Step 1: Configure an On-Demand Backup Job

Start by logging into the AWS Management Console and navigating to the AWS Backup console to begin your backup process. To configure AWS Backup services:

  1. In the AWS Backup console, under My account, select Settings.
  2. Choose Configure resources on the Service opt-in page.
  3. Enable EC2 services using the toggle switches and confirm your configuration.
AWS configure resources screenshot

Source for this and the following images: AWS

Create an on-demand backup job:

  1. Return to the AWS Backup console, select Protected resources, and click Create on-demand backup.
  2. For resource type, select EC2, then choose your Instance ID.
  3. Ensure Create backup now is selected, set a retention period, choose Create a backup vault, and select the default IAM role.
  4. Click Create on-demand backup to initiate the job and view it under the Jobs page. You can view the details of a job by clicking on the backup job ID.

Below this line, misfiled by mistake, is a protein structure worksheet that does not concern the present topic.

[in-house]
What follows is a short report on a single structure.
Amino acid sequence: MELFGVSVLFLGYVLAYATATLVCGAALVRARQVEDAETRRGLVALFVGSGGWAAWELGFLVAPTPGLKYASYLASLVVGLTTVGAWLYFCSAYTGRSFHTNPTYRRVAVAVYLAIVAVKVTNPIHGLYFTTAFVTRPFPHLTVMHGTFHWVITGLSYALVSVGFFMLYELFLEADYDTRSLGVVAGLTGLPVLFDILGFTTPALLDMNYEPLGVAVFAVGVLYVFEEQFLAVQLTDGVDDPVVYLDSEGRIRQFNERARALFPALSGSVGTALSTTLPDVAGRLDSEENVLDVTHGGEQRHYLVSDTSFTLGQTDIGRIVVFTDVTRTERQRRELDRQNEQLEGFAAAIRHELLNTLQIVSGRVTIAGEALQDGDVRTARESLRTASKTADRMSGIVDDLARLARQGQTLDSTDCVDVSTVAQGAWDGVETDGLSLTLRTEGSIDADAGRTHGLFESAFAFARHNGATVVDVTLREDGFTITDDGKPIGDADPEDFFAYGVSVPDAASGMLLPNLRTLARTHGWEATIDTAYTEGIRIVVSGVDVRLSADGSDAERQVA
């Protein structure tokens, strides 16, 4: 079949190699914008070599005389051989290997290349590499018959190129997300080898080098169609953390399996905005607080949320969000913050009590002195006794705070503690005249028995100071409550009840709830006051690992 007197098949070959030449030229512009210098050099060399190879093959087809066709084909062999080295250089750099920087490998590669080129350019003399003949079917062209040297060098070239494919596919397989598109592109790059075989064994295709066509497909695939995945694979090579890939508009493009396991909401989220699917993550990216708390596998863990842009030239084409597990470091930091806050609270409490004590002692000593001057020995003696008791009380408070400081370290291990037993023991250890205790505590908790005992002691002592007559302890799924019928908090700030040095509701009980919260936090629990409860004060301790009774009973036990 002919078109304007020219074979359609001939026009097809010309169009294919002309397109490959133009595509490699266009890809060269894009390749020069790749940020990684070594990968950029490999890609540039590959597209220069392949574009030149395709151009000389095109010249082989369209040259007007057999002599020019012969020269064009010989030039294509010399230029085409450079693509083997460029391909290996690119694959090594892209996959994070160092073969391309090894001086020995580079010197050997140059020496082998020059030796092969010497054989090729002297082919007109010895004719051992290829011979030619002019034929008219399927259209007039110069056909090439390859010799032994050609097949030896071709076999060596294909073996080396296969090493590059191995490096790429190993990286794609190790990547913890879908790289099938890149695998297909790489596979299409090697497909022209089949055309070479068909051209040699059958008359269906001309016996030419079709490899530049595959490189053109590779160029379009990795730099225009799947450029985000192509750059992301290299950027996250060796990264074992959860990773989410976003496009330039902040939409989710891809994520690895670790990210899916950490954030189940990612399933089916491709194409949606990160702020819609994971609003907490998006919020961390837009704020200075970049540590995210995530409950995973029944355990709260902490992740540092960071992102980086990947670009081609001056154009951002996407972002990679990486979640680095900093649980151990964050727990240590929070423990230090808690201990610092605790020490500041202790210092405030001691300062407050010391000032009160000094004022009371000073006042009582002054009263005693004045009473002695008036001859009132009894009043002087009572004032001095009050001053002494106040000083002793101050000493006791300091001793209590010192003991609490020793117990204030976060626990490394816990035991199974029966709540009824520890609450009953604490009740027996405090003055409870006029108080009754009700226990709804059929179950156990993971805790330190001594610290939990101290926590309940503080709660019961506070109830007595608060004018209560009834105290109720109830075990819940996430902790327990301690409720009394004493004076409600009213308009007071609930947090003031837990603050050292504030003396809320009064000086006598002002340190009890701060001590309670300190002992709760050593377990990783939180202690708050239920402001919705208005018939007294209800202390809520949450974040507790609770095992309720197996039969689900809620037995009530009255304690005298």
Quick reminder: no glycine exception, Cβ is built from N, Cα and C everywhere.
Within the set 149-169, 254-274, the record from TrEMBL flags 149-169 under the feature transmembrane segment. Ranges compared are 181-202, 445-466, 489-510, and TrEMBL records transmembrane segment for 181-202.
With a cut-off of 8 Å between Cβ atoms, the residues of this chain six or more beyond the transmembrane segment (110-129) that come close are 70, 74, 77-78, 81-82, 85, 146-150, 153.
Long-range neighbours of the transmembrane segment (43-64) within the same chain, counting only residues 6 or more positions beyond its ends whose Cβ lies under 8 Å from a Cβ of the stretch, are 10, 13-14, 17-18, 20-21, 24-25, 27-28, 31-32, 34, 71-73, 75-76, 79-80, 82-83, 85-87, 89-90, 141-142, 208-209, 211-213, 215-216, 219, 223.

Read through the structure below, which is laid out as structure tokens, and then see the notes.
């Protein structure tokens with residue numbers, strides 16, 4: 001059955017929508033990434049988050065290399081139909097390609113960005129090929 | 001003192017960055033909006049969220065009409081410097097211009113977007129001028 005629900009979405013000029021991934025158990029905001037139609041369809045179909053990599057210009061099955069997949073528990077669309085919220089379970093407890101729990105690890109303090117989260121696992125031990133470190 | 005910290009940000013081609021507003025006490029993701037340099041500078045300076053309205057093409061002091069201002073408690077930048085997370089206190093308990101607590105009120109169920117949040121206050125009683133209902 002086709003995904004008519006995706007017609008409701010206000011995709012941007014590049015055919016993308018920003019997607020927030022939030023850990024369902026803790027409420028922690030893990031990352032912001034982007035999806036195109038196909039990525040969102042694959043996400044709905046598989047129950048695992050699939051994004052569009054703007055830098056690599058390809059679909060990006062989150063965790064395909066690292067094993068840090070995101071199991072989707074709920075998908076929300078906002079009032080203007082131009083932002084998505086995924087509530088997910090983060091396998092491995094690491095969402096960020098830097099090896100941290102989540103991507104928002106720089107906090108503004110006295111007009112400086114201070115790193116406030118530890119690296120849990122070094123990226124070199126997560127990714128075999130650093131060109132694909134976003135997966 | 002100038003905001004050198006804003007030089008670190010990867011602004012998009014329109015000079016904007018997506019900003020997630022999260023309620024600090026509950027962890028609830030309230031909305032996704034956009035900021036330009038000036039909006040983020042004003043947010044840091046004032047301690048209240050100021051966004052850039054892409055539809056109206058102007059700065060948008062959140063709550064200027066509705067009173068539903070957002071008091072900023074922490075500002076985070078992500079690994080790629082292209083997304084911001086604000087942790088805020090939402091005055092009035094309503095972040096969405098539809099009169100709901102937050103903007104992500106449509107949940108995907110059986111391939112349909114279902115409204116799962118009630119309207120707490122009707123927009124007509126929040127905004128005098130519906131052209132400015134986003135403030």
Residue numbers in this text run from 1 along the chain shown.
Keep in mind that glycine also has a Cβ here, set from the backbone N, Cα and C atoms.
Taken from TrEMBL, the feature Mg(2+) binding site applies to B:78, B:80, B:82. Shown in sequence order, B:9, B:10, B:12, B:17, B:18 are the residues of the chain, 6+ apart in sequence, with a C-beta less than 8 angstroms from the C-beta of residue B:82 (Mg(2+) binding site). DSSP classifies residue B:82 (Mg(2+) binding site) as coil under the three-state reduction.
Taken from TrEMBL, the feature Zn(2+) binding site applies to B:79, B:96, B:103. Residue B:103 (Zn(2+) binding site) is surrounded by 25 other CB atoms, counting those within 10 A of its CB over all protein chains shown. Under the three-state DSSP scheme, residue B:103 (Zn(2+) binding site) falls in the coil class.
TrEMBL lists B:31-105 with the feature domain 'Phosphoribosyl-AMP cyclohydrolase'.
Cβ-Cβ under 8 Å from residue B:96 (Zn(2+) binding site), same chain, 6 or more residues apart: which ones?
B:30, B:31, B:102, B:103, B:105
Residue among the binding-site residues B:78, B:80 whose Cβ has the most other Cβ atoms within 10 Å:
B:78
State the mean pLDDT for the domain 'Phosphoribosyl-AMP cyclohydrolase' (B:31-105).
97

AWS make an on demand backup screenshot

Step 2: Automate Backup with a Backup Plan

To configure services and a backup plan:

  1. Repeat the service configuration steps in the AWS Backup console settings.
  2. Navigate to Backup plans under My account, and click Create backup plan.
  3. Select Build a new plan. Name your backup plan and define your backup rules, such as frequency, vault, and retention period.
AWS backup plan settings screenshot

Define the backup plan settings:

  • Backup frequency: Choose how often backups occur (daily, weekly, monthly).
  • Backup window: Set the start time and duration.
  • Cold storage transition: Currently applicable only to Amazon EFS.
  • Retention period: Define how long backups are kept.
  • Cross-region copy: Optionally replicate backups to another region.
  • Tags and advanced settings: Add tags for organization and enable application-consistent backups if needed.

Assign resources to the backup plan:

  1. After creating your backup plan, assign resources by tags or resource IDs.
  2. Define your resource selection, exclude specific resources if necessary, and click on Assign resources.

Step 3: Restore an Amazon EC2 Instance

To restore a backup:

  1. In the AWS Backup console, go to your selected backup vault and choose the most recent backup.
  2. Select Restore and configure the restoration settings, including network settings and IAM roles.